A new MT evaluation metric LEPOR was proposed as the combination of many evaluation factors including existing ones (precision, recall) and modified ones (sentence-length penalty and n-gram based word order penalty). The experiments were tested on eight language pairs from ACL-WMT2011 including English-to-other (Spanish, French, German, and Czech) and the inverse, and showed that LEPOR yielded higher system-level correlation with human judgments than several existing metrics such as BLEU, Meteor-1.3, TER, AMBER and MP4IBM1.[13] An enhanced version of LEPOR metric, hLEPOR, is introduced in the paper.[14] hLEPOR utilizes the harmonic mean to combine the sub-factors of the designed metric. Furthermore, they design a set of parameters to tune the weights of the sub-factors according to different language pairs. The ACL-WMT13 Metrics shared task[15] results show that hLEPOR yields the highest Pearson correlation score with human judgment on the English-to-Russian language pair, in addition to the highest average-score on five language pairs (English-to-German, French, Spanish, Czech, Russian). The detailed results of WMT13 Metrics Task is introduced in the paper.[16]

Overviews on Human and Automatic Evaluation Methodologies[edit]

There are some machine translation evaluation survey works,[17][18][19] where people introduced more details about what kinds of human evaluation methods they used and how they work, such as the intelligibility, fidelity, fluency, adequacy, comprehension, and informativeness, etc. For automatic evaluations, they also did some clear classifications such as the lexical similarity methods, the linguistic features application, and the subfields of these two aspects. For instance, for lexical similarity, it contains edit distance, precision, recall and word order; for linguistic feature, it is divided into the syntactic feature and the semantic feature respectively. Some state-of-the-art overview on both manual and automatic translation evaluation[20] introduced the recently developed translation quality assessment (TQA) methodologies, such as the crowd-sourced intelligence Amazon Mechanical Turk utilization, statistical significance testing, re-visiting traditional criteria with newly designed strategies, as well as MT quality estimation (QE) shared tasks from the annual workshop on MT (WMT)[21] and corresponding models that do not rely on human offered reference translations.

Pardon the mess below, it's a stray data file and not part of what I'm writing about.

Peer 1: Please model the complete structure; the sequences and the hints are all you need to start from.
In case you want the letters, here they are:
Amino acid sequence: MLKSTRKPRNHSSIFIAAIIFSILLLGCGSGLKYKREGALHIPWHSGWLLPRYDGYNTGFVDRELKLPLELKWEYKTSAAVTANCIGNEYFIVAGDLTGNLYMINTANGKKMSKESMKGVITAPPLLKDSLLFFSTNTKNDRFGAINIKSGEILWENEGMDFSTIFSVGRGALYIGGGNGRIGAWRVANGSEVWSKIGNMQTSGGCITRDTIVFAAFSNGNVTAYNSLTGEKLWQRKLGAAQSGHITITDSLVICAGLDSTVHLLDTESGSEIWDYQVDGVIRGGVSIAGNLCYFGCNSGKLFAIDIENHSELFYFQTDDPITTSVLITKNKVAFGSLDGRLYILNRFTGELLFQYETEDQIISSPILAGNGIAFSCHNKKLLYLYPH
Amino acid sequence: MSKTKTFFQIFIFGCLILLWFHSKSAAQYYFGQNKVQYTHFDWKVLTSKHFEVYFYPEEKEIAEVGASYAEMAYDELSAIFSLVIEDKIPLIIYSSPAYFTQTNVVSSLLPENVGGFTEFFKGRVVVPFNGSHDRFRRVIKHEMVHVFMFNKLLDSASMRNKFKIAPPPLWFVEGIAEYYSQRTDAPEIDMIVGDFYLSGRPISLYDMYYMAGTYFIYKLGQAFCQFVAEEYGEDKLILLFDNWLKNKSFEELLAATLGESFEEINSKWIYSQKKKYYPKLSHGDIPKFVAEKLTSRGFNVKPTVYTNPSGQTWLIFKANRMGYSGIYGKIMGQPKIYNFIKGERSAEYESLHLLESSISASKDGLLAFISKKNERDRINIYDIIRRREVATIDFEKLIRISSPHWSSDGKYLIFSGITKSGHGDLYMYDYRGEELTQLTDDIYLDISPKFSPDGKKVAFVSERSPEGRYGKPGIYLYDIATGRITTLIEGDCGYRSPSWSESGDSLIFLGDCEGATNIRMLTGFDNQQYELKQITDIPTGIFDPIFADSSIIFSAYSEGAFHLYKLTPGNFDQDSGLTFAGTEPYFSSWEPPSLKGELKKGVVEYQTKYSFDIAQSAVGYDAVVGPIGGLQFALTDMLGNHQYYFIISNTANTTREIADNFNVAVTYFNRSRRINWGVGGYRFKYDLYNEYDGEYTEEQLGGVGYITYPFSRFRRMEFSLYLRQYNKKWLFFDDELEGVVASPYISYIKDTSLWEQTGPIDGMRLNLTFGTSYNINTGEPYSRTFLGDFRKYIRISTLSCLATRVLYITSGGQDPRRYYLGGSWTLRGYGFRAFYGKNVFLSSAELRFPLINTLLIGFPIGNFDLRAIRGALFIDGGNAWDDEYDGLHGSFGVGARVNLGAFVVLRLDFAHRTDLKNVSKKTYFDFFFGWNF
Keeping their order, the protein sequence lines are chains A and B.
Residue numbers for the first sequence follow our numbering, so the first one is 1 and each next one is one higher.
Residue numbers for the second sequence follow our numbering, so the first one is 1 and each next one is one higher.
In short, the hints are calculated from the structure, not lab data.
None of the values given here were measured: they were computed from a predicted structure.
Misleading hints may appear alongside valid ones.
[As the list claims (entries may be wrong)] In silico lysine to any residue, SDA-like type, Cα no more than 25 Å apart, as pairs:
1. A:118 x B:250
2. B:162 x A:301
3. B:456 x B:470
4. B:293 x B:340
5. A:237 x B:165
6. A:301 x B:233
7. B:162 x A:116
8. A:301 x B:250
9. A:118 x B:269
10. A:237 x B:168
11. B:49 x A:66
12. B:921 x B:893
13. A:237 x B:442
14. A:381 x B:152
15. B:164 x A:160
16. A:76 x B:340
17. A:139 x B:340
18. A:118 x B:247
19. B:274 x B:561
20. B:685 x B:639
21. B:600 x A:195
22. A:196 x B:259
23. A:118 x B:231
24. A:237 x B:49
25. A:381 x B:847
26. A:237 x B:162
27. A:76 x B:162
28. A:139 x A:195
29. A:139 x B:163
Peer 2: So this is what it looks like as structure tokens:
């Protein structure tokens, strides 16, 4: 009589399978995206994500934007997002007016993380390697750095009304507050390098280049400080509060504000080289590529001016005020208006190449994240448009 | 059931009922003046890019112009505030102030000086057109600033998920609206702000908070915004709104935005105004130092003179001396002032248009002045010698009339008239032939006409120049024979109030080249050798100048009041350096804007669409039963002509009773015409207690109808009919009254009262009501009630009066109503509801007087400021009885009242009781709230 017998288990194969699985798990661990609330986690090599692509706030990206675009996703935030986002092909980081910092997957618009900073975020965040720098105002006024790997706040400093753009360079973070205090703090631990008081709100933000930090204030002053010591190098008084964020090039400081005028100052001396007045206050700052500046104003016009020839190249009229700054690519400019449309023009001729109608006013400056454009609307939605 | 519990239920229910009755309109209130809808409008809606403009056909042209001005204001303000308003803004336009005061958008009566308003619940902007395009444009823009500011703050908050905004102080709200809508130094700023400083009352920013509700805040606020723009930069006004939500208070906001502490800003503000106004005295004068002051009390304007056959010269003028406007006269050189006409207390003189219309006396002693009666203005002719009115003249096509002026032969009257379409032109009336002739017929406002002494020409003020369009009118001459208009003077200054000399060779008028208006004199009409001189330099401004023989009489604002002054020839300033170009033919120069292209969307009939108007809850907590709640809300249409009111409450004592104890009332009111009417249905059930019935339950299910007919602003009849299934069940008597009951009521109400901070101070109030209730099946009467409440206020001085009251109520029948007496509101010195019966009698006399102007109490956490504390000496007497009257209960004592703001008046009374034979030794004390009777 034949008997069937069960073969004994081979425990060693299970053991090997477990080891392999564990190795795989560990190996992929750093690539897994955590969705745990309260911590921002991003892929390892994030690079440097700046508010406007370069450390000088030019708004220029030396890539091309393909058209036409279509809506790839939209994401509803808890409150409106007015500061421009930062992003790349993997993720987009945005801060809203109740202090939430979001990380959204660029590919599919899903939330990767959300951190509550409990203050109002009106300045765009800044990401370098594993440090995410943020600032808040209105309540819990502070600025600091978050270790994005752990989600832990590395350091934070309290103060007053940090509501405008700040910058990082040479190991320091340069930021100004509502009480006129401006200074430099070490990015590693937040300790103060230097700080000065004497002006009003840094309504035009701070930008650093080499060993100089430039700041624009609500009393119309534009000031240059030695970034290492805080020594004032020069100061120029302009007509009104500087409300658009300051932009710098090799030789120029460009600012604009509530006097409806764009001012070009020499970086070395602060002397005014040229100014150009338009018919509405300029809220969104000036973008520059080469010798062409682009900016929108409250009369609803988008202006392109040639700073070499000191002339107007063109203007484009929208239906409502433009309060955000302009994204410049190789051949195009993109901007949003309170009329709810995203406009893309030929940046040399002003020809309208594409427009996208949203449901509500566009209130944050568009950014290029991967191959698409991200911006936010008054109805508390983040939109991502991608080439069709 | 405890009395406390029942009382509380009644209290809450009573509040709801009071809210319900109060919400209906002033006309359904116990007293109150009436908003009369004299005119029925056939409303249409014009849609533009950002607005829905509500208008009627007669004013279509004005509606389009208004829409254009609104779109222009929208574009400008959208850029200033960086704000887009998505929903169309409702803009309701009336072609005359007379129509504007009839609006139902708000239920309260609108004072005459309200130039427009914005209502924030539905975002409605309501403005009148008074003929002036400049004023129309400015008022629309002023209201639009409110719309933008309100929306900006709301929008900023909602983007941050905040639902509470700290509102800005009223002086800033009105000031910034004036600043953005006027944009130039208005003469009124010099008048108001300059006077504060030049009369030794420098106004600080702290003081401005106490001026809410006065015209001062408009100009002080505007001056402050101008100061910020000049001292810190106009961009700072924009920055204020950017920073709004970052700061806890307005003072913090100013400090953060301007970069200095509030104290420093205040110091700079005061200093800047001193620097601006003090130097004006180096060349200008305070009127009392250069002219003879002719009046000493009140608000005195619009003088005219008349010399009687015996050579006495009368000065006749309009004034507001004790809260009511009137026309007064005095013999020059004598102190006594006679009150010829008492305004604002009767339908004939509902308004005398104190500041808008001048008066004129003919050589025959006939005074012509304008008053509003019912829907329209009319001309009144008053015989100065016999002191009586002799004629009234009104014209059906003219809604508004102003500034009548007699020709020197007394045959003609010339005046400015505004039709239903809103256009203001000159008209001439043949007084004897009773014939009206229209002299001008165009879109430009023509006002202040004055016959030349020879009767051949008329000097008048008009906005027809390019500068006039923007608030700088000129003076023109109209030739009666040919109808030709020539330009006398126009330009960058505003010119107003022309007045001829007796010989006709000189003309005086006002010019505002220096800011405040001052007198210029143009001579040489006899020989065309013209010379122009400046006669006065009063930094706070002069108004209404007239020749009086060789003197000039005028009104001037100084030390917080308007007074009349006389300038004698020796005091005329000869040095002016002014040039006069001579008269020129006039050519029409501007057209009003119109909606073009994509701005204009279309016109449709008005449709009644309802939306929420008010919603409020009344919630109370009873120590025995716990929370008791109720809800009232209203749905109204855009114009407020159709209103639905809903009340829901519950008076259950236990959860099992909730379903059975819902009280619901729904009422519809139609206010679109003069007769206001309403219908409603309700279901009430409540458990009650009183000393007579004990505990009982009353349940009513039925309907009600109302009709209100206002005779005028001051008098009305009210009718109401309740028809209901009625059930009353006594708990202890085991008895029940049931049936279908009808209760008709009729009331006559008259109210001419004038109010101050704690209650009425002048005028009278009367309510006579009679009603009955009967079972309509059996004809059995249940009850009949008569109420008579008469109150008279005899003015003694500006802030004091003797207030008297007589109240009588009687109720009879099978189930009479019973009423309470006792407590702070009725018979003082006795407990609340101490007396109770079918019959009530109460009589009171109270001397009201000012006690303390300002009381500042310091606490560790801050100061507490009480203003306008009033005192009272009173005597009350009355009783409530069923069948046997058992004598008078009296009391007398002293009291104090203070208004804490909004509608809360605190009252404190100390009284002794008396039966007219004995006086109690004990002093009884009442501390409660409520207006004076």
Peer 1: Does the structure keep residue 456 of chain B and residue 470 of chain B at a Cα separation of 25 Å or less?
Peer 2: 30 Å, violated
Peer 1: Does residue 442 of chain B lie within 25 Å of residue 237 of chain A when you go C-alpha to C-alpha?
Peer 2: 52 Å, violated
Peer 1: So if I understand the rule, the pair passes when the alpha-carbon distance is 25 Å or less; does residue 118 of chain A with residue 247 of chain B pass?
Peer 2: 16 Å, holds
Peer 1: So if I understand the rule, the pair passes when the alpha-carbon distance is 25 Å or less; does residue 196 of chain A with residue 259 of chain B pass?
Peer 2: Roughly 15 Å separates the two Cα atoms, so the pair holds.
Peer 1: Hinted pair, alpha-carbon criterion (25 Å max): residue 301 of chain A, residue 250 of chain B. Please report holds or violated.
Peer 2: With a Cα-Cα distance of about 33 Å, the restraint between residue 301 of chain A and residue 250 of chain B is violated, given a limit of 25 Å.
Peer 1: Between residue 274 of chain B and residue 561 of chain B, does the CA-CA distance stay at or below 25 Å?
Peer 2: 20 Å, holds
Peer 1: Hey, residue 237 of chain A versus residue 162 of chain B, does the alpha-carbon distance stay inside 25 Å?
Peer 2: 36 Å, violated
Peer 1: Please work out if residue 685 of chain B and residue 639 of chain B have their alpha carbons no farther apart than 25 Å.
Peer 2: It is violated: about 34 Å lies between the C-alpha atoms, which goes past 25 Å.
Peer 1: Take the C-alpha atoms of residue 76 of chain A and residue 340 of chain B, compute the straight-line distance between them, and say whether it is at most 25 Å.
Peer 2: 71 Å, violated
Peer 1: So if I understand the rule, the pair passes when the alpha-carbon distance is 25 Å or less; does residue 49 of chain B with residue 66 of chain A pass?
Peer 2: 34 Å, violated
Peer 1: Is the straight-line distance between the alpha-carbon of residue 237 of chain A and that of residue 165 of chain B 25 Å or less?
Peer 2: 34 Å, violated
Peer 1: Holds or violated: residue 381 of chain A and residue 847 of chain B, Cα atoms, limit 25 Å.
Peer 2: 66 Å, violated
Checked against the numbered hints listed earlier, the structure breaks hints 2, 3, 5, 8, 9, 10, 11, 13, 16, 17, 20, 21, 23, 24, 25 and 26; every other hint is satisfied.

See also[edit]


  1. ^ Somers (2005)
  2. ^ Gaspari (2006)
  3. ^ a b White et al. (1994)
  4. ^ a b ALPAC (1966)
  5. ^ White (1995)
  6. ^ Turian et al. (2003)
  7. ^ While the metrics are described as for the evaluation of machine translation, in practice they may also be used to measure the quality of human translation. The same metrics have even been used for plagiarism detection, for details see Somers et al. (2006).
  8. ^ Papineni et al. (2002)
  9. ^ Papineni et al. (2002), Coughlin (2003)
  10. ^ Graham and Baldwin (2014)
  11. ^ Doddington (2002)
  12. ^ Lavie (2004)
  13. ^ Han (2012)
  14. ^ Han et al. (2013a)
  15. ^ ACL-WMT (2013)
  16. ^ Han et al. (2013b)
  17. ^ EuroMatrix. (2007).
  18. ^ Dorr et al. ()
  19. ^ Han (2016)
  20. ^ Han et al. (2021)
  21. ^ "WMT Conference - Home".


  • Banerjee, S. and Lavie, A. (2005) "METEOR: An Automatic Metric for MT Evaluation with Improved Correlation with Human Judgments" in Proceedings of Workshop on Intrinsic and Extrinsic Evaluation Measures for MT and/or Summarization at the 43rd Annual Meeting of the Association of Computational Linguistics (ACL-2005), Ann Arbor, Michigan, June 2005